12. What is your experience with pre-treating OA for geothermal systems?
For distributed ground-source heat pumps (in which one heat pump serves each zone), outdoor air for
ventilation is typically delivered by a dedicated outdoor-air system (DOAS). There are various ways this
outdoor air can be delivered to the individual zones, but for most distributed heat pump systems the DOAS
typically delivers conditioned outdoor air either 1) near the intake of each local heat pump (such as to an
open ceiling plenum or to a closet) or 2) directly to each zone through separate diffusers. The configurations
were described in John Murphys Dedicated OA Equipment Configurations presentation during the
The advantage of delivering the conditioned OA directly to each zone is that it is easy to ensure that the
required outdoor airflow reaches each zone, and it affords the opportunity to cycle the local fan on and off, or
vary its speed, at part load since the OA is not distributed to the zone through that local fan. And, if the OA is
delivered at a cold temperature, rather than reheated to neutral, this configuration offers the opportunity to
downsize the local equipment, as explained during the webcast.
In most applications, the dedicated outdoor-air system should pre-condition this OA, rather than deliver it
unconditioned to the zones. In climates that experience humid weather, designing the DOAS to dehumidify the
air to a dew point that is lower than the desired space dew point helps limit indoor humidity without relying
on the local heat pumps to dehumidify adequately at part-load conditions. In climates that experience very
hot or very cold weather, designing the DOAS to cool or heat the air avoids the need to substantially oversize
the local heat pumps to handle the ventilation load. And finally, in many climates, including some sort of
exhaust-air energy recovery device in the DOAS can reduce the energy required to condition the OA.

John Murphy
13. Please discuss frost protection of energy recovery devices in DOAS.
Every type of air-to-air energy recovery device can experience frosting on the exhaust-side of the device
during cold weather. As heat transfers from the warmer exhaust air stream to the colder outdoor air stream,
the dry-bulb temperature of the exhaust air decreases. Eventually, the condition of the air passing through the
exhaust side of the device may cool to the point where it reaches a saturated condition, and moisture
condenses out of the air onto the exhaust-side surface of the device. If the surface temperature of the device is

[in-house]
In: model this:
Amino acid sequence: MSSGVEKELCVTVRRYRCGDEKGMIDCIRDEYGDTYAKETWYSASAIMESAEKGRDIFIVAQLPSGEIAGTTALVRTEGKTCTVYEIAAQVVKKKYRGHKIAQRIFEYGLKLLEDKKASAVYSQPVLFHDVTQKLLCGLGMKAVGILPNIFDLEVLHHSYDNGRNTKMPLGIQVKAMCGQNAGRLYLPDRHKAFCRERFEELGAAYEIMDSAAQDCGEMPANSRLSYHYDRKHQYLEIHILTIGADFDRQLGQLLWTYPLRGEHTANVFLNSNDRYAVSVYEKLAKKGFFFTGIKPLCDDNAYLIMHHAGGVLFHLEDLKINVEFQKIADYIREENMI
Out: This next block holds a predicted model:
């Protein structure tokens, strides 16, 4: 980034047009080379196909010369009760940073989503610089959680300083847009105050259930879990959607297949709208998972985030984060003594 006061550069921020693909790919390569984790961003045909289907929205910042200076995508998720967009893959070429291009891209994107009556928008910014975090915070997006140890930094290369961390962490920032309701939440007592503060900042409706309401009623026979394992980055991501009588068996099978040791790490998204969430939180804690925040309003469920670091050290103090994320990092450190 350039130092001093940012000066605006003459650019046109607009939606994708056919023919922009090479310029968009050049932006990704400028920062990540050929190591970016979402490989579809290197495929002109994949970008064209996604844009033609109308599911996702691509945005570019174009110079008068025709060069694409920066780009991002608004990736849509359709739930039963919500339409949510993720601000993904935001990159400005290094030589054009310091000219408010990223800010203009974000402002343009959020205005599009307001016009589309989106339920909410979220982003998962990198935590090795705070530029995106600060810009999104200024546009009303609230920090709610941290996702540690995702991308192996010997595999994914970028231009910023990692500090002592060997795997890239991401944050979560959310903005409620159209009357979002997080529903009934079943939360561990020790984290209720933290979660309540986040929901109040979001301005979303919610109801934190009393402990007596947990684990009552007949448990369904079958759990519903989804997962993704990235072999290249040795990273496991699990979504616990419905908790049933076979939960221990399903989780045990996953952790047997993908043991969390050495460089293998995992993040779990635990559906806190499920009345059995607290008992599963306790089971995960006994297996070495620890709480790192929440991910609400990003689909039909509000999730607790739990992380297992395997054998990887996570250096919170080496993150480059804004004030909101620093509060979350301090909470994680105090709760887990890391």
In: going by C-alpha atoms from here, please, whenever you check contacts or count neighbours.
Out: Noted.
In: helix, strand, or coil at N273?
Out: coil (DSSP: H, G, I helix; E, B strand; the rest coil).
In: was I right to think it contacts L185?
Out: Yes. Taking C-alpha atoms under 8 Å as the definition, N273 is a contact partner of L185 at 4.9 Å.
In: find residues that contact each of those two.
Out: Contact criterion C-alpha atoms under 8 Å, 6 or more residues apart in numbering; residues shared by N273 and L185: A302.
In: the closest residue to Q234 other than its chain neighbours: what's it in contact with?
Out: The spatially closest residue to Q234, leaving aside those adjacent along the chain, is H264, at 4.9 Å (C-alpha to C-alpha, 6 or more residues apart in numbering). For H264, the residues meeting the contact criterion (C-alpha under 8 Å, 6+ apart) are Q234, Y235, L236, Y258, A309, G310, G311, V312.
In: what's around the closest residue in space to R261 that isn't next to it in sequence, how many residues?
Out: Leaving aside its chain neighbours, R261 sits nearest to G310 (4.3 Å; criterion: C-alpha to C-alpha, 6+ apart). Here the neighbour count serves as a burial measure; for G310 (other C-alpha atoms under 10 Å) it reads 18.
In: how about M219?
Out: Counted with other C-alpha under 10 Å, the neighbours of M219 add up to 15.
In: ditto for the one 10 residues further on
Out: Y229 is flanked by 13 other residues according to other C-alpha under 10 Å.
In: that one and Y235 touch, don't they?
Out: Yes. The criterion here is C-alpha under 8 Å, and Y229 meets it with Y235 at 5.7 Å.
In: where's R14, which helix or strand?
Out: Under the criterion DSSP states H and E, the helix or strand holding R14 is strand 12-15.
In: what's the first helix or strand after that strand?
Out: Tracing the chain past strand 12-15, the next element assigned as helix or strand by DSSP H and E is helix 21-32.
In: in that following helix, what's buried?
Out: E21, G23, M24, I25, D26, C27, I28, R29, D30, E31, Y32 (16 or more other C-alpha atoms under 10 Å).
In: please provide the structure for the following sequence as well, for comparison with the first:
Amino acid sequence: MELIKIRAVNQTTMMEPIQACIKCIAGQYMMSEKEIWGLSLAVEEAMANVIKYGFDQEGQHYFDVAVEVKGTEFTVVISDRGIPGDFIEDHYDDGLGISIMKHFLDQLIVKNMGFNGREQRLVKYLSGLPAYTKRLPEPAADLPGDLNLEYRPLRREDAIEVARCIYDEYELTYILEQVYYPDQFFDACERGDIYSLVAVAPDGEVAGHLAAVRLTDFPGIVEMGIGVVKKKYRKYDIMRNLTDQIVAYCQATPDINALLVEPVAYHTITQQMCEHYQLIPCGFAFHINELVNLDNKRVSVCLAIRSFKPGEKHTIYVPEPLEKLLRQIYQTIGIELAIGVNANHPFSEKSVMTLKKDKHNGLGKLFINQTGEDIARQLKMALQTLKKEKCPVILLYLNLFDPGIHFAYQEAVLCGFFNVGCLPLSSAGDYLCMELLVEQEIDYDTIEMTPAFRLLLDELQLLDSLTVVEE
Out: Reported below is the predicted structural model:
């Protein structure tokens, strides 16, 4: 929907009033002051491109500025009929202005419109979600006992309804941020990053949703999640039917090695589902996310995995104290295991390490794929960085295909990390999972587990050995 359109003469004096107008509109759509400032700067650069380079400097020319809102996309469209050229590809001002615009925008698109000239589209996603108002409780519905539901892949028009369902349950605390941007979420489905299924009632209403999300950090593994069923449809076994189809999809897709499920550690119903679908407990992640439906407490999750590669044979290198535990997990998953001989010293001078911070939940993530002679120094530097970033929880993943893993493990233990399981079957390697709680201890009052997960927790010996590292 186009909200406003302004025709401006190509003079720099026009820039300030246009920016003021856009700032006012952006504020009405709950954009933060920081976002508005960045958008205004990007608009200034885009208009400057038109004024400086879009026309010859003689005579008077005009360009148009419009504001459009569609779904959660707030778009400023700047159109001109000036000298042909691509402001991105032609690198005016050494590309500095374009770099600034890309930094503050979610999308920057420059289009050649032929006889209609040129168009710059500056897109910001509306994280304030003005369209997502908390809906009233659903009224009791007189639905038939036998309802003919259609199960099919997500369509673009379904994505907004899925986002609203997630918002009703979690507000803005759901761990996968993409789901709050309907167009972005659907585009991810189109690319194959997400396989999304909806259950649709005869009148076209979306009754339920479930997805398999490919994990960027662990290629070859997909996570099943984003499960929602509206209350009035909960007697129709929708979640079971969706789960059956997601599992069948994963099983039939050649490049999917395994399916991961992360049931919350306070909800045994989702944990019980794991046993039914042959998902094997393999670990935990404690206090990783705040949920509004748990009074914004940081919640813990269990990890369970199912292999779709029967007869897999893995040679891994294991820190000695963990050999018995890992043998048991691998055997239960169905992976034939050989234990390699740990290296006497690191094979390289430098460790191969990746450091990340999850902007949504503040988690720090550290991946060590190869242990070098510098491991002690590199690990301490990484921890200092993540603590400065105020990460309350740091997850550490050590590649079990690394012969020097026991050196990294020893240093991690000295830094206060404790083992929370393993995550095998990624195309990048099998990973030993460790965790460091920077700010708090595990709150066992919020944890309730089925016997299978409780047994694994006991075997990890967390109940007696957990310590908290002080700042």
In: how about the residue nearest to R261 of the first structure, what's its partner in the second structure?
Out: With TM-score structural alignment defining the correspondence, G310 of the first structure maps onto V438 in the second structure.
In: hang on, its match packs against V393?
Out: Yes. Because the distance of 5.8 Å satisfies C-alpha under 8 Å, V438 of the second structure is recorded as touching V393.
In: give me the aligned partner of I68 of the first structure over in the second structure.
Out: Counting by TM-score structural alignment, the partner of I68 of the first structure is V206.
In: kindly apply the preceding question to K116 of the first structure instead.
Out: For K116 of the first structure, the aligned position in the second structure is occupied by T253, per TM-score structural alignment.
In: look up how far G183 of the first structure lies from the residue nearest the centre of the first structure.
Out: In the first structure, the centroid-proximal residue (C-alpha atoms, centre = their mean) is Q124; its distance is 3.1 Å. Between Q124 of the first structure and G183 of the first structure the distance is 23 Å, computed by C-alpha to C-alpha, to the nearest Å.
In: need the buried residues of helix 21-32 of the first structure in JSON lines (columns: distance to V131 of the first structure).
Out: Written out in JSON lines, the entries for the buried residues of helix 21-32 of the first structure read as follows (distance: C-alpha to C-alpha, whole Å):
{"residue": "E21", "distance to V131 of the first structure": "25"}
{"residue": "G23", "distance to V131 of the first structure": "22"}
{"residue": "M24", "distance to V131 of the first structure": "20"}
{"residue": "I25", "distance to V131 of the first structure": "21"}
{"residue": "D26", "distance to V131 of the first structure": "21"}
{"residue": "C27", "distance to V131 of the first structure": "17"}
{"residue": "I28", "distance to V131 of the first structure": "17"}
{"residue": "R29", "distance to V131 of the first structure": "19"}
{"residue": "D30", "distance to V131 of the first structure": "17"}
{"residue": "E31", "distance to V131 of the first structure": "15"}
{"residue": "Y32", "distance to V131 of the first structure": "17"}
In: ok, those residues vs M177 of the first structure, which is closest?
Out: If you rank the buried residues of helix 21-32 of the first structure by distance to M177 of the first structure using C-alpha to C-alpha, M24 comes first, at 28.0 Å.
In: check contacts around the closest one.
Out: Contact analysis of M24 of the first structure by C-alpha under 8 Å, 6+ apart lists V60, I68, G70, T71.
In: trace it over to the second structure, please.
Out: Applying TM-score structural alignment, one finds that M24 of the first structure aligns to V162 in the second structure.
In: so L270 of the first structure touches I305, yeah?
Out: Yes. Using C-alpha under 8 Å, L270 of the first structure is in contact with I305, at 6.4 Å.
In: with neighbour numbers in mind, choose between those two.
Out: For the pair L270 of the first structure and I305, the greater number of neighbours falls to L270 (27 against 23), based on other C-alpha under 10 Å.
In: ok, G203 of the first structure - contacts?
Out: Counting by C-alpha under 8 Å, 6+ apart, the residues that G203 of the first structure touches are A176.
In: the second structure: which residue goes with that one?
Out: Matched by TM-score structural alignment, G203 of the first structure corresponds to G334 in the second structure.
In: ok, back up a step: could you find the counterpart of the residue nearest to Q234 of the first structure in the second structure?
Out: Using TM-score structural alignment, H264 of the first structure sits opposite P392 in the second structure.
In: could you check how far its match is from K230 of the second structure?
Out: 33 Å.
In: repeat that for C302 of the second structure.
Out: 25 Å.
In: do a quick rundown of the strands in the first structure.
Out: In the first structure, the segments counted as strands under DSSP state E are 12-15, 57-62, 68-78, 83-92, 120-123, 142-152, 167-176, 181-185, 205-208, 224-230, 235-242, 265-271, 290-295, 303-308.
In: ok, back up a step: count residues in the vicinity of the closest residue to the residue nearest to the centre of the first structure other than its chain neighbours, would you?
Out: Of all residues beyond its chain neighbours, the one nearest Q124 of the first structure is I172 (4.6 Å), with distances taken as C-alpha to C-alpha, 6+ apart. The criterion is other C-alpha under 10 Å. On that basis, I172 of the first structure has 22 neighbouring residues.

colder than 32F (0C), this condensed moisture will begin to freeze on the device. How often this frosting
occurs depends on the type of energy recovery device, the prevalence of cold weather, and the condition
(particularly the humidity level) of the air entering the exhaust-side of the device.
The various types of energy recovery devices each have their own methods to prevent frosting. For example, a
coil runaround loop may use of three-way mixing valve to divert warm fluid leaving the exhaust-side coil to
mix with the cold fluid leaving the supply-side coil, such that the resulting mixture enters the exhaust-side coil
at a temperature above 32F (0C). On the other hand, a total-energy wheel may modulate a supply-side
bypass damper to reduce the amount of cold OA that passes through the wheel, thereby reducing the heat
transferred and preventing the condition of the air passing through the exhaust side of the device from
reaching a saturated condition.
The various types of air-to-air energy recovery devices, and their methods for preventing frost, are described
in the Trane Air-to-Air Energy Recovery in HVAC Systems application manual (SYS-APM003-EN,
John Murphy
14. What are some control strategies to avoid condensation?
The primary means of avoiding condensation at the local cooling equipment (whether using chilled surfaces,
like radiant cooling, or a fan-powered device, like a fan-coil or water-source heat pump) is to design the
dedicated outdoor-air system to dehumidify the air to a dew point low enough to remove the indoor latent
load and maintain the indoor dew point below the surface temperature of the local cooling equipment. If the
local cooling equipment cannot handle any condensation (such as chilled surfaces or chilled beams), then the
temperature of the chilled water delivered to the local equipment should also be above the indoor dew point.
During the roundtable portion of the webcast, Tim McGinn discussed using humidity sensors (in a few
representative zones) to reset the chilled-water temperature upward as needed to keep the water temperature
above the indoor dew point and avoid condensation. And, for buildings that include operable windows, both
Tim and Stan Mumma discussed using sash sensors to shut off water flow to the zone cooling equipment
whenever a window is opened.
John Murphy